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The Poll Results Hypothesis

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  • Richard Cebula

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  • Daniel Hulse

Abstract

This empirical study seeks to broaden the interpretation of the rational voter model so as to reflect the potential impact of the results of polls of likely voters’ Presidential candidate preferences on the expected benefits of voting and hence on the voter participation rate. This study introduces the poll results hypothesis: in any given state, given the existence of the Electoral College, the greater the lead of a principal Presidential candidate over his/her closest rival as revealed in polls of likely voters, the lower, for at least some portion of prospective voters, the expected gross benefits of voting in that state and hence the lower the aggregate voter participation rate in that state. In a cross-section study of the 50 states during the 2004 general election, it is found, after allowing for a variety of other factors, that the greater the lead (as revealed in polls of likely voters) of either of the principal Presidential candidates over the other in any given state, the lower the voter turnout rate in that state. Copyright International Atlantic Economic Society 2007

Suggested Citation

  • Richard Cebula & Daniel Hulse, 2007. "The Poll Results Hypothesis," Atlantic Economic Journal, Springer;International Atlantic Economic Society, vol. 35(1), pages 33-41, March.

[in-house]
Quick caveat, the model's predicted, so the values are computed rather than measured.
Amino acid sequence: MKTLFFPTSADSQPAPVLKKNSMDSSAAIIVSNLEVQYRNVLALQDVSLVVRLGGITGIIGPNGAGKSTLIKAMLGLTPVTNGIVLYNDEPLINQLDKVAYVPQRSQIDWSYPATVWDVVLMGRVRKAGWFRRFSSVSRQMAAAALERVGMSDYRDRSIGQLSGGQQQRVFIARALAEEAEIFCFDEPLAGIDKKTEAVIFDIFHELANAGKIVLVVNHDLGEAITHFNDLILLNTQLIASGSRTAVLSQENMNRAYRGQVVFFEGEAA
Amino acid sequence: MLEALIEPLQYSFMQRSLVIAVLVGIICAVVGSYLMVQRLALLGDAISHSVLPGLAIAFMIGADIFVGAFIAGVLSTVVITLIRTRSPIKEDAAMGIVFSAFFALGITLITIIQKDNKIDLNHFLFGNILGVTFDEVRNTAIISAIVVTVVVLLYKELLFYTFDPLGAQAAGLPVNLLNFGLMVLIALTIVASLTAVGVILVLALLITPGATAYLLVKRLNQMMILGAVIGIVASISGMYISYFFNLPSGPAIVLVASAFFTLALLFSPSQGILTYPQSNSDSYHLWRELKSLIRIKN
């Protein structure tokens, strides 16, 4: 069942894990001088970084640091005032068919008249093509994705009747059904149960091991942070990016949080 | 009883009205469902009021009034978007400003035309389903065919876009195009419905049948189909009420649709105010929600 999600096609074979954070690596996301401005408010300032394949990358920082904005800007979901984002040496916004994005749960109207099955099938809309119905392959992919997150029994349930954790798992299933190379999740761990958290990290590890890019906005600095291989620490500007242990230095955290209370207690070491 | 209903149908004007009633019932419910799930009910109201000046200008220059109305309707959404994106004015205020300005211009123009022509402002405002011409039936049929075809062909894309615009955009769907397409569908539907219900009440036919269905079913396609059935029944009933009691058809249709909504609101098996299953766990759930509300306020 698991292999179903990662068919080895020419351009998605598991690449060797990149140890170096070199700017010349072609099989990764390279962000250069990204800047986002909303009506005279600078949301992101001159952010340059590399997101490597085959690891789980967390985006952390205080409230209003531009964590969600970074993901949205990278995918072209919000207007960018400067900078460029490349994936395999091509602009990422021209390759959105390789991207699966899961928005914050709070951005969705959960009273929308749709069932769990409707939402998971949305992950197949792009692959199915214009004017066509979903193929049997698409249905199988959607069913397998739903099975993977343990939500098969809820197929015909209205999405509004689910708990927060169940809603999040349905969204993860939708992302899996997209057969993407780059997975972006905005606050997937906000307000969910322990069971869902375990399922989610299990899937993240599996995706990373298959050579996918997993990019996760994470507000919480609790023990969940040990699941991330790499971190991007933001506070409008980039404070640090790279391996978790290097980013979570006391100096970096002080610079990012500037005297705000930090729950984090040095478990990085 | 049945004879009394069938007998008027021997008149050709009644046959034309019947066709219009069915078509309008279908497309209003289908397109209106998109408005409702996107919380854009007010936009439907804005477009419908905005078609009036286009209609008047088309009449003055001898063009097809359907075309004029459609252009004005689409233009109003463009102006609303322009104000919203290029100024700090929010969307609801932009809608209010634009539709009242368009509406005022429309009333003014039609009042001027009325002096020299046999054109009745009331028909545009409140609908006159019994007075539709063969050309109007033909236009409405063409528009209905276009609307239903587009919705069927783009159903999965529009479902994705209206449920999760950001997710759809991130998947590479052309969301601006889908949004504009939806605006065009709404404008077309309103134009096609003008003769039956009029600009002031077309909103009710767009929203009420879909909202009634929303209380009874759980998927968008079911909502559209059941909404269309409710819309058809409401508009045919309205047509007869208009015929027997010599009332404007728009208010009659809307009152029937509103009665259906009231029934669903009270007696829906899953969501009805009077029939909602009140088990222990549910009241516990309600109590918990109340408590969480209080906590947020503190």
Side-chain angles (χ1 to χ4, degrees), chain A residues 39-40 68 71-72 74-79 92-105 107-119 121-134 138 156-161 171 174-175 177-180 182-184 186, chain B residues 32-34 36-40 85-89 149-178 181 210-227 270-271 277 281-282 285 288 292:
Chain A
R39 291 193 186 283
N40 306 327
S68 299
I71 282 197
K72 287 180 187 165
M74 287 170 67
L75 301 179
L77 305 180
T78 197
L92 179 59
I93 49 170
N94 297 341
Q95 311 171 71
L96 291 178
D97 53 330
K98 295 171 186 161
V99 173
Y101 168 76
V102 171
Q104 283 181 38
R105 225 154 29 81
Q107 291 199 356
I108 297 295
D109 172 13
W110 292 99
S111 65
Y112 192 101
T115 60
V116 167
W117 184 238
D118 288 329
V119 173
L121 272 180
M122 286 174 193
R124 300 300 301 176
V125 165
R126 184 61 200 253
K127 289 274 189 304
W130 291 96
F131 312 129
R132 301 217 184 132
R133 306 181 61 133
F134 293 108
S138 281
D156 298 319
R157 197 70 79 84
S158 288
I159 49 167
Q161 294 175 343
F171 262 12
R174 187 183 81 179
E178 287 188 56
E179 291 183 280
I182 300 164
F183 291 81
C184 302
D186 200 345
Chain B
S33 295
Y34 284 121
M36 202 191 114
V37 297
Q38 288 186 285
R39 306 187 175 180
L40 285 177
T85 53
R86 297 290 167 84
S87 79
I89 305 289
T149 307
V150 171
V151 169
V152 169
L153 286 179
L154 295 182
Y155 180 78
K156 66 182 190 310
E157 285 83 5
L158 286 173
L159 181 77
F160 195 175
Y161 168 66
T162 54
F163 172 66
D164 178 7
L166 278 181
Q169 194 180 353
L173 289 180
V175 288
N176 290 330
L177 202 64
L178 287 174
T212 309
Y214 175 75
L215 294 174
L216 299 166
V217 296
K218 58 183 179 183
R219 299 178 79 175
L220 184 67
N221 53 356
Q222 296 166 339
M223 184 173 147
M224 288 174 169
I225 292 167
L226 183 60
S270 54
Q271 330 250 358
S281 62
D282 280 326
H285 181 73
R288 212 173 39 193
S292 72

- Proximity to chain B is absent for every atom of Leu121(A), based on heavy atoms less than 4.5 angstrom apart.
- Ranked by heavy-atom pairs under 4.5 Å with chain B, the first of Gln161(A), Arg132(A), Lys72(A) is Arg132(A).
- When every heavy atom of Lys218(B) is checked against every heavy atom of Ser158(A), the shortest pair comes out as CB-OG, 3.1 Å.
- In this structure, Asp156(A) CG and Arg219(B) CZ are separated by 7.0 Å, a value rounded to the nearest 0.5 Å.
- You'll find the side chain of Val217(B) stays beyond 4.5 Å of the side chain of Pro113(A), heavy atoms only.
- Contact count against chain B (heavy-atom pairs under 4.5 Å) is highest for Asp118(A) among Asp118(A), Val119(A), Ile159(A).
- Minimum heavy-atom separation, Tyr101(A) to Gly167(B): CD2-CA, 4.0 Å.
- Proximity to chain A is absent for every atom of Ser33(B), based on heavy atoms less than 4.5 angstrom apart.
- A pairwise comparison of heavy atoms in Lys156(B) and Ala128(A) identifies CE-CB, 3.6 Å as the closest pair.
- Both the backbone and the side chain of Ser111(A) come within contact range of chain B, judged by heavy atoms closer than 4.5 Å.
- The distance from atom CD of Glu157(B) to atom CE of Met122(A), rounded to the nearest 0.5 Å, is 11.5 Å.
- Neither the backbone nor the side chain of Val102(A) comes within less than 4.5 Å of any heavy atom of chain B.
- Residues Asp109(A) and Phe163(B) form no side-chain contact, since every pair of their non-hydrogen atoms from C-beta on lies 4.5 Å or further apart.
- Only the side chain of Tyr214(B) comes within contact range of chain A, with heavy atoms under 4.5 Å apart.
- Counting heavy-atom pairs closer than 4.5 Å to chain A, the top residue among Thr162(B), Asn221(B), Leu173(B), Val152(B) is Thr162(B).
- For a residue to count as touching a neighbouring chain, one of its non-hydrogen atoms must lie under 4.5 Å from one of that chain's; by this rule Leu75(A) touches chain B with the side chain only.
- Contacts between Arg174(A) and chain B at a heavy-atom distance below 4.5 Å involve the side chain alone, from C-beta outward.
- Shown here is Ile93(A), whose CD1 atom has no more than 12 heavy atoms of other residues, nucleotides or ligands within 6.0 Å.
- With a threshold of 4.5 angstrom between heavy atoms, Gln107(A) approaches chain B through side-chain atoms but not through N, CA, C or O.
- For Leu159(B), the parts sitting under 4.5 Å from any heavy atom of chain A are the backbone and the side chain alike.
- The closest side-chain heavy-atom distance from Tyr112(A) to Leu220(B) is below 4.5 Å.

• Handle: RePEc:kap:atlecj:v:35:y:2007:i:1:p:33-41
    DOI: 10.1007/s11293-006-9048-4
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    File URL: http://hdl.handle.net/10.1007/s11293-006-9048-4
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    References listed on IDEAS

    as
    1. Tilman Borgers, 2004. "Costly Voting," American Economic Review, American Economic Association, vol. 94(1), pages 57-66, March.
    2. repec:cup:apsrev:v:62:y:1968:i:01:p:25-42_11 is not listed on IDEAS
    3. Richard Cebula, 2003. "Tax evasion as ade facto vote of disapproval of PAC contributions," Atlantic Economic Journal, Springer;International Atlantic Economic Society, vol. 31(4), pages 338-347, December.
    4. Mueller,Dennis C., 2003. "Public Choice III," Cambridge Books, Cambridge University Press, number 9780521894753, April.
    5. Richard Cebula, 2004. "Expressiveness and voting: Alternative evidence," Atlantic Economic Journal, Springer;International Atlantic Economic Society, vol. 32(3), pages 216-221, September.
    6. Timothy J. Feddersen, 2004. "Rational Choice Theory and the Paradox of Not Voting," Journal of Economic Perspectives, American Economic Association, vol. 18(1), pages 99-112, Winter.
    7. repec:cup:apsrev:v:98:y:2004:i:01:p:65-75_00 is not listed on IDEAS
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    Citations

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    Cited by:

    1. Richard Cebula & Franklin Mixon, 2012. "Dodging the vote?," Empirical Economics, Springer, vol. 42(1), pages 325-343, February.
    2. Christopher Duquette & Franklin Mixon & Richard Cebula & Kamal Upadhyaya, 2014. "Prediction Markets and Election Polling: Granger Causality Tests Using InTrade and RealClearPolitics Data," Atlantic Economic Journal, Springer;International Atlantic Economic Society, vol. 42(4), pages 357-366, December.

    More about this item

    Keywords

    rational voter model; real world framework; experimental framework; voting behavior; voting process; D72;

    JEL classification:

    • D72 - Microeconomics - - Analysis of Collective Decision-Making - - - Political Processes: Rent-seeking, Lobbying, Elections, Legislatures, and Voting Behavior

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